Daimler tackles the dirty secret behind clean cars

Geologists say the fate of the world’s low-carbon future rests with six metals. Of those, cobalt may be the most precious and the most controversial.

The heat-resistant metal has a melting point of 1,493˚ C, making it an ideal material to ensure lithium-ion batteries—the kind found in laptops, mobile phones, and, most important for the climate, electric vehicles—don’t catch fire when we power them on. Cobalt’s value is reflected on commodities markets: It topped $51,500 per ton in September, a 32-month high.

Sixty percent of the world’s refined cobalt comes from one place: the copper-and-cobalt belt in the south of the Democratic Republic of the Congo. If there’s a ground zero for cobalt, it’s the mining city of Kolwezi, a place buzzing with gold-rush vitality. But Kolwezi is rarely mentioned in EV automakers’ “battery day” presentations. There’s a reason for that. For the past decade, mining in Kolwezi and the DRC has been synonymous with human rights abuses. The cobalt boom there coincided with the forced eviction of Congolese communities from resource-rich lands. Artisanal miners were detained unlawfully, often violently. And then there’s the staggering number of children toiling in the region’s open-pit cobalt mines. 

“While technologies like electric vehicles are essential for shifting away from fossil fuels, the battery revolution carries its own risks for human rights and the planet,” Mark Dummett, director of Amnesty International’s Global Issues Program, said in February, challenging business to create supply chains that contain only ethically extracted minerals.

One company stepping up is Mercedes-Benz parent company Daimler. The German auto giant made headlines this summer for its €40 billion ($47 billion) pledge to go all-electric by 2030. For a luxury-car brand that sells more than 2 million vehicles per year, that’s a lot of cobalt. 

But as it ramped up its EV ambitions, Daimler also set out to map all the places on the planet—from mines to smelters—that handle cobalt for its batteries. As of March 31, it had identified 183. It has sent teams of assessors to one-third of the locations, aiming to certify that each supplier meets its strict standards—including no kids in the mines and no contaminants spewed into the water or air. The plan is to extend the audits to battery components lithium and nickel too. Suppliers who don’t comply will get the boot, Daimler says.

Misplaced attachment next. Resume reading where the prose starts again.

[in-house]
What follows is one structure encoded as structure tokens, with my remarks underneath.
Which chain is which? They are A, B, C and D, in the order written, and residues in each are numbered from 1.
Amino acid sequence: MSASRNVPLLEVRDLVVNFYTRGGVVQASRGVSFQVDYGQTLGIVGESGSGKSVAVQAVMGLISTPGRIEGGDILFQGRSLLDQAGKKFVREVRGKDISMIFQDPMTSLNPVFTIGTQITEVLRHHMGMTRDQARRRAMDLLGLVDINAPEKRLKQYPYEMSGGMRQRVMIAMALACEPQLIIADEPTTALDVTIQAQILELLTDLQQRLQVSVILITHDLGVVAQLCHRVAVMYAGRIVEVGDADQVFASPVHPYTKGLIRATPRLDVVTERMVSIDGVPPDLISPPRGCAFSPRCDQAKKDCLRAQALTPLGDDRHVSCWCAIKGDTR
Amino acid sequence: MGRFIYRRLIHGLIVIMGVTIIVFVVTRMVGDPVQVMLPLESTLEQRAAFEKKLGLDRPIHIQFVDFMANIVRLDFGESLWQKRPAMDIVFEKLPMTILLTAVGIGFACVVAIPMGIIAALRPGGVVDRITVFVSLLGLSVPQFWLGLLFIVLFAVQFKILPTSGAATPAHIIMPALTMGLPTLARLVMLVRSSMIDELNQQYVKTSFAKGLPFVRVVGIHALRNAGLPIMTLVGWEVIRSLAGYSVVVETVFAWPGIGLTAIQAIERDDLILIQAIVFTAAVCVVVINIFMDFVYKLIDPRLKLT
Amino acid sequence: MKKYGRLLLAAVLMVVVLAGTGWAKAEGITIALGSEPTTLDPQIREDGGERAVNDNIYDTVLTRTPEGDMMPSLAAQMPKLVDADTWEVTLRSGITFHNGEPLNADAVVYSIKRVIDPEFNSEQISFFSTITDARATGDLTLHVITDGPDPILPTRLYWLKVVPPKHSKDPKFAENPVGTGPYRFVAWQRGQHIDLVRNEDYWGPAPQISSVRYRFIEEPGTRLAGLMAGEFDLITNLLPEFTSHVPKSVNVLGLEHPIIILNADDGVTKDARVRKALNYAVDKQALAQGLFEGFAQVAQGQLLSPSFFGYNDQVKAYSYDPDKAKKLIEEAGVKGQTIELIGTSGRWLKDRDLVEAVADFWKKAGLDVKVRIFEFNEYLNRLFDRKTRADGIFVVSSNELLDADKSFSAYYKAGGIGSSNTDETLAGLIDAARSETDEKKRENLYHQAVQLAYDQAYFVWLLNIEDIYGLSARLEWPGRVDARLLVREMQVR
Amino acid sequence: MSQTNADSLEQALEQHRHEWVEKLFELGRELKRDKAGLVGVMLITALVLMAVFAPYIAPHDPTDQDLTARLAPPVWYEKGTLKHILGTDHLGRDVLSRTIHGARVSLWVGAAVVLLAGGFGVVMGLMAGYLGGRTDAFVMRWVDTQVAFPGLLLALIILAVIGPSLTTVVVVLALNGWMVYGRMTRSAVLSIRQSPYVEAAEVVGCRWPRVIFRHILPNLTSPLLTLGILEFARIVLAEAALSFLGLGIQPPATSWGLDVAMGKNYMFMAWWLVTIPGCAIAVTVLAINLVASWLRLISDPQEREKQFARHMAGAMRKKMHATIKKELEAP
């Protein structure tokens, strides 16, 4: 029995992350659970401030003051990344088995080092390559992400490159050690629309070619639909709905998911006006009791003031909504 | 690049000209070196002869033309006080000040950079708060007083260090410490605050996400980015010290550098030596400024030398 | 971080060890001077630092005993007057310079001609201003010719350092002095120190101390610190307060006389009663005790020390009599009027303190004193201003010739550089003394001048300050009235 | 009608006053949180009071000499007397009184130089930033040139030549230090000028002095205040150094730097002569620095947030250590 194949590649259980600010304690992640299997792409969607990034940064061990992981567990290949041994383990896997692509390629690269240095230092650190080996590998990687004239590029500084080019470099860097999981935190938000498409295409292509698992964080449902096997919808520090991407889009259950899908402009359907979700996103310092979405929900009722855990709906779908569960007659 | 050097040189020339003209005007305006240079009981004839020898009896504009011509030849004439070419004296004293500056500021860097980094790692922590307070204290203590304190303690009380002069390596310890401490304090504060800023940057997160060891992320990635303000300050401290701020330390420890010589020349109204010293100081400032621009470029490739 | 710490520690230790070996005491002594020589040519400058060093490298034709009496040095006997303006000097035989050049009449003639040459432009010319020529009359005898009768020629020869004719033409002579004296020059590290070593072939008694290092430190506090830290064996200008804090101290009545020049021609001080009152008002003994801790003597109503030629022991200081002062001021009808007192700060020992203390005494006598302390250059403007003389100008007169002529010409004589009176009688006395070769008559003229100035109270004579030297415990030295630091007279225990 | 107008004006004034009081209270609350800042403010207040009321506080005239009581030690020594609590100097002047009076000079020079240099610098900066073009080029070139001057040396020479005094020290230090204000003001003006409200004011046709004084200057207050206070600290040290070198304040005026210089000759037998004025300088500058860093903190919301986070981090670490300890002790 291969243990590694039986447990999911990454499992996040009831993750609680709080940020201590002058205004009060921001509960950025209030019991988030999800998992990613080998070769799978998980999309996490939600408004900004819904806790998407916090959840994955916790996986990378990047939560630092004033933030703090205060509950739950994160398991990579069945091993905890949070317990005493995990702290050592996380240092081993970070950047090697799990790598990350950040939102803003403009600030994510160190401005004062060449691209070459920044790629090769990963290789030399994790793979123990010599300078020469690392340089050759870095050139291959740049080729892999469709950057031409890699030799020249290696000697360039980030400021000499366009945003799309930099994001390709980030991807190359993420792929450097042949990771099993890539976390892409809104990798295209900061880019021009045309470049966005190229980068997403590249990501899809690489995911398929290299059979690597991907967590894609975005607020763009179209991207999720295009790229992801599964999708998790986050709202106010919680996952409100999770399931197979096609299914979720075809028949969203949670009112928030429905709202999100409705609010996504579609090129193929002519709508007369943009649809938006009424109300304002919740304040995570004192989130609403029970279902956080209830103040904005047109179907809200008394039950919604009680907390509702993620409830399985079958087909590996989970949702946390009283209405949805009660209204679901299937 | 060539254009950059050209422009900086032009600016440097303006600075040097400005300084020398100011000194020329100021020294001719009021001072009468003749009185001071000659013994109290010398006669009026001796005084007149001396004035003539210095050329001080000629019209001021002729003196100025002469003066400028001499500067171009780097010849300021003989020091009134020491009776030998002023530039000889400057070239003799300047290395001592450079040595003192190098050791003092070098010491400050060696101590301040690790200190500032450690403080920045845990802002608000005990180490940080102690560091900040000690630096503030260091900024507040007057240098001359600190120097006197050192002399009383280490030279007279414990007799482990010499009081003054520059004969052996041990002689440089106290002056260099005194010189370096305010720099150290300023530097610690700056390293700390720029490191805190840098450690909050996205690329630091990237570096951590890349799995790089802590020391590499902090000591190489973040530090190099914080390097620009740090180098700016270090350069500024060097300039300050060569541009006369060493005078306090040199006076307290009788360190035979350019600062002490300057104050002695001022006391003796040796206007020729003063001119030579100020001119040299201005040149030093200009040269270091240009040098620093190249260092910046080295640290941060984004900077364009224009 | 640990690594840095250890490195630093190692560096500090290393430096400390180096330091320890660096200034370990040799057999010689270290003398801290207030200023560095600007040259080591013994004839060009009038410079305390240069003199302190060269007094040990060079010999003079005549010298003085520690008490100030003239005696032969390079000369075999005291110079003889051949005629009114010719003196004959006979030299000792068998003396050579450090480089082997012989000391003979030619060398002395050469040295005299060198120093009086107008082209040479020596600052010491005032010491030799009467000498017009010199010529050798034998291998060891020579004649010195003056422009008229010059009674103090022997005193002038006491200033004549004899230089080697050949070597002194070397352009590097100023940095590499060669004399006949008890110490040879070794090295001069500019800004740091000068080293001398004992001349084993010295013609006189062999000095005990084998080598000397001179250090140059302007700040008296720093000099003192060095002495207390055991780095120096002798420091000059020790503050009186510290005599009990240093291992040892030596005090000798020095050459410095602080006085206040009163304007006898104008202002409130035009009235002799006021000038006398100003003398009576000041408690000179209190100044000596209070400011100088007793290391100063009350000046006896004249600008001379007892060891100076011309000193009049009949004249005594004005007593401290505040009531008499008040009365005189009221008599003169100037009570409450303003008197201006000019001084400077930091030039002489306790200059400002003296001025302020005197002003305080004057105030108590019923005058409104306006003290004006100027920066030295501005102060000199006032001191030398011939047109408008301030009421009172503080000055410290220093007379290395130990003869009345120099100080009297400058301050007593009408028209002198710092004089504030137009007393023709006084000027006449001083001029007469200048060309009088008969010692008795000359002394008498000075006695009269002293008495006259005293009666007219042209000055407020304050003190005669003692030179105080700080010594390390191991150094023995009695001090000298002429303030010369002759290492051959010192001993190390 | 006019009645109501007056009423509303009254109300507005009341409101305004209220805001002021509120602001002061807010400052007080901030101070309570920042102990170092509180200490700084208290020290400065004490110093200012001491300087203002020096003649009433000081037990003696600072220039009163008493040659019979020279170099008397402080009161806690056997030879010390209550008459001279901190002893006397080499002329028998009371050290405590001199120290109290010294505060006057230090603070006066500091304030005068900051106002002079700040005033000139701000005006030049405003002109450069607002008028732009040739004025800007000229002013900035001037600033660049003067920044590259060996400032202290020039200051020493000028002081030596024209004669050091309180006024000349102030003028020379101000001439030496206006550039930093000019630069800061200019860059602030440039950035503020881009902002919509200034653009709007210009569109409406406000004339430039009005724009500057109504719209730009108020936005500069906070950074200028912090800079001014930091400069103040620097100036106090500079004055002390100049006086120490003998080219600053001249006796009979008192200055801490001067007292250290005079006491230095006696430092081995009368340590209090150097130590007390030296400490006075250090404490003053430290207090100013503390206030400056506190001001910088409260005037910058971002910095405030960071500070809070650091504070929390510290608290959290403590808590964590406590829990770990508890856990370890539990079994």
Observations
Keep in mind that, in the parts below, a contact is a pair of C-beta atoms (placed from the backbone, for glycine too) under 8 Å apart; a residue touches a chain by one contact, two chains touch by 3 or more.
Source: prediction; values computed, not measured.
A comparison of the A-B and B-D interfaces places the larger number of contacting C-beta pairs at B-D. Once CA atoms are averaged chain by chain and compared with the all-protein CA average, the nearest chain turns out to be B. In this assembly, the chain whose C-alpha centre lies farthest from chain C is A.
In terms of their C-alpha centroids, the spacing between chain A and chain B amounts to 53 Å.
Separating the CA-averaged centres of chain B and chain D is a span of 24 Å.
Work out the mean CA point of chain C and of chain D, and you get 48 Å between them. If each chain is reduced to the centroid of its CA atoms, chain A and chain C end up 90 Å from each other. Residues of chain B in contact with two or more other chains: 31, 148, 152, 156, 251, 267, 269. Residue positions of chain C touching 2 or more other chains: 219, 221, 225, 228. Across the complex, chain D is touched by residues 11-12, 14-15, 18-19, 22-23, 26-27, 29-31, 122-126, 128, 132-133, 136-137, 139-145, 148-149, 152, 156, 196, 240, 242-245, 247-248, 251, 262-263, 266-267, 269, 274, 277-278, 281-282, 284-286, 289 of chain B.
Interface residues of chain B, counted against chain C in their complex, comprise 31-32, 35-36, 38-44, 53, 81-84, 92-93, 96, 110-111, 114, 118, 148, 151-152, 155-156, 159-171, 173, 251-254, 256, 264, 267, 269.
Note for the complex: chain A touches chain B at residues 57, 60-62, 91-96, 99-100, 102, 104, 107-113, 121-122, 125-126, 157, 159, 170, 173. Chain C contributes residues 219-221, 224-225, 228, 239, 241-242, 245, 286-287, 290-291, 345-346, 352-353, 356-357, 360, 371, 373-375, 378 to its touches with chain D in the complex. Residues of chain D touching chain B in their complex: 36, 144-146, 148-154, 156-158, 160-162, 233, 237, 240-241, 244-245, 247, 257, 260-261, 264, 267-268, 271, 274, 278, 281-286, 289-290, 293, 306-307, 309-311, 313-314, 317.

NGOs have pushed the corporate world into this action: In 2017, when Amnesty put out a report card on companies’ handling of child labor in the cobalt belt, most carmakers, including Daimler, got poor grades. Much has happened since then, including the formation of the Global Battery Alliance, a consortium of over 60 companies, NGOs, and monitoring groups, aiming to ensure the creation of a sustainable, ethically sourced cobalt supply chain. 

Ethical procurement isn’t a panacea, notes Mathy Stanislaus, director of public policy and engagement for the alliance. “You have to invest in the root cause,” he says. “This is a poverty issue.” With that in mind, since 2019 Daimler has also been investing in Kolwezi. It has earmarked €1 million for a program that has so far moved nearly 5,000 children out of the mines and into classrooms. The same initiative trains women and girls to be farmers, seamstresses, and business owners. Many of the women and children vow: They’re not going back to the mines.

A version of this article appears in the October/November 2021 issue of Fortune as part of the Change the World list.

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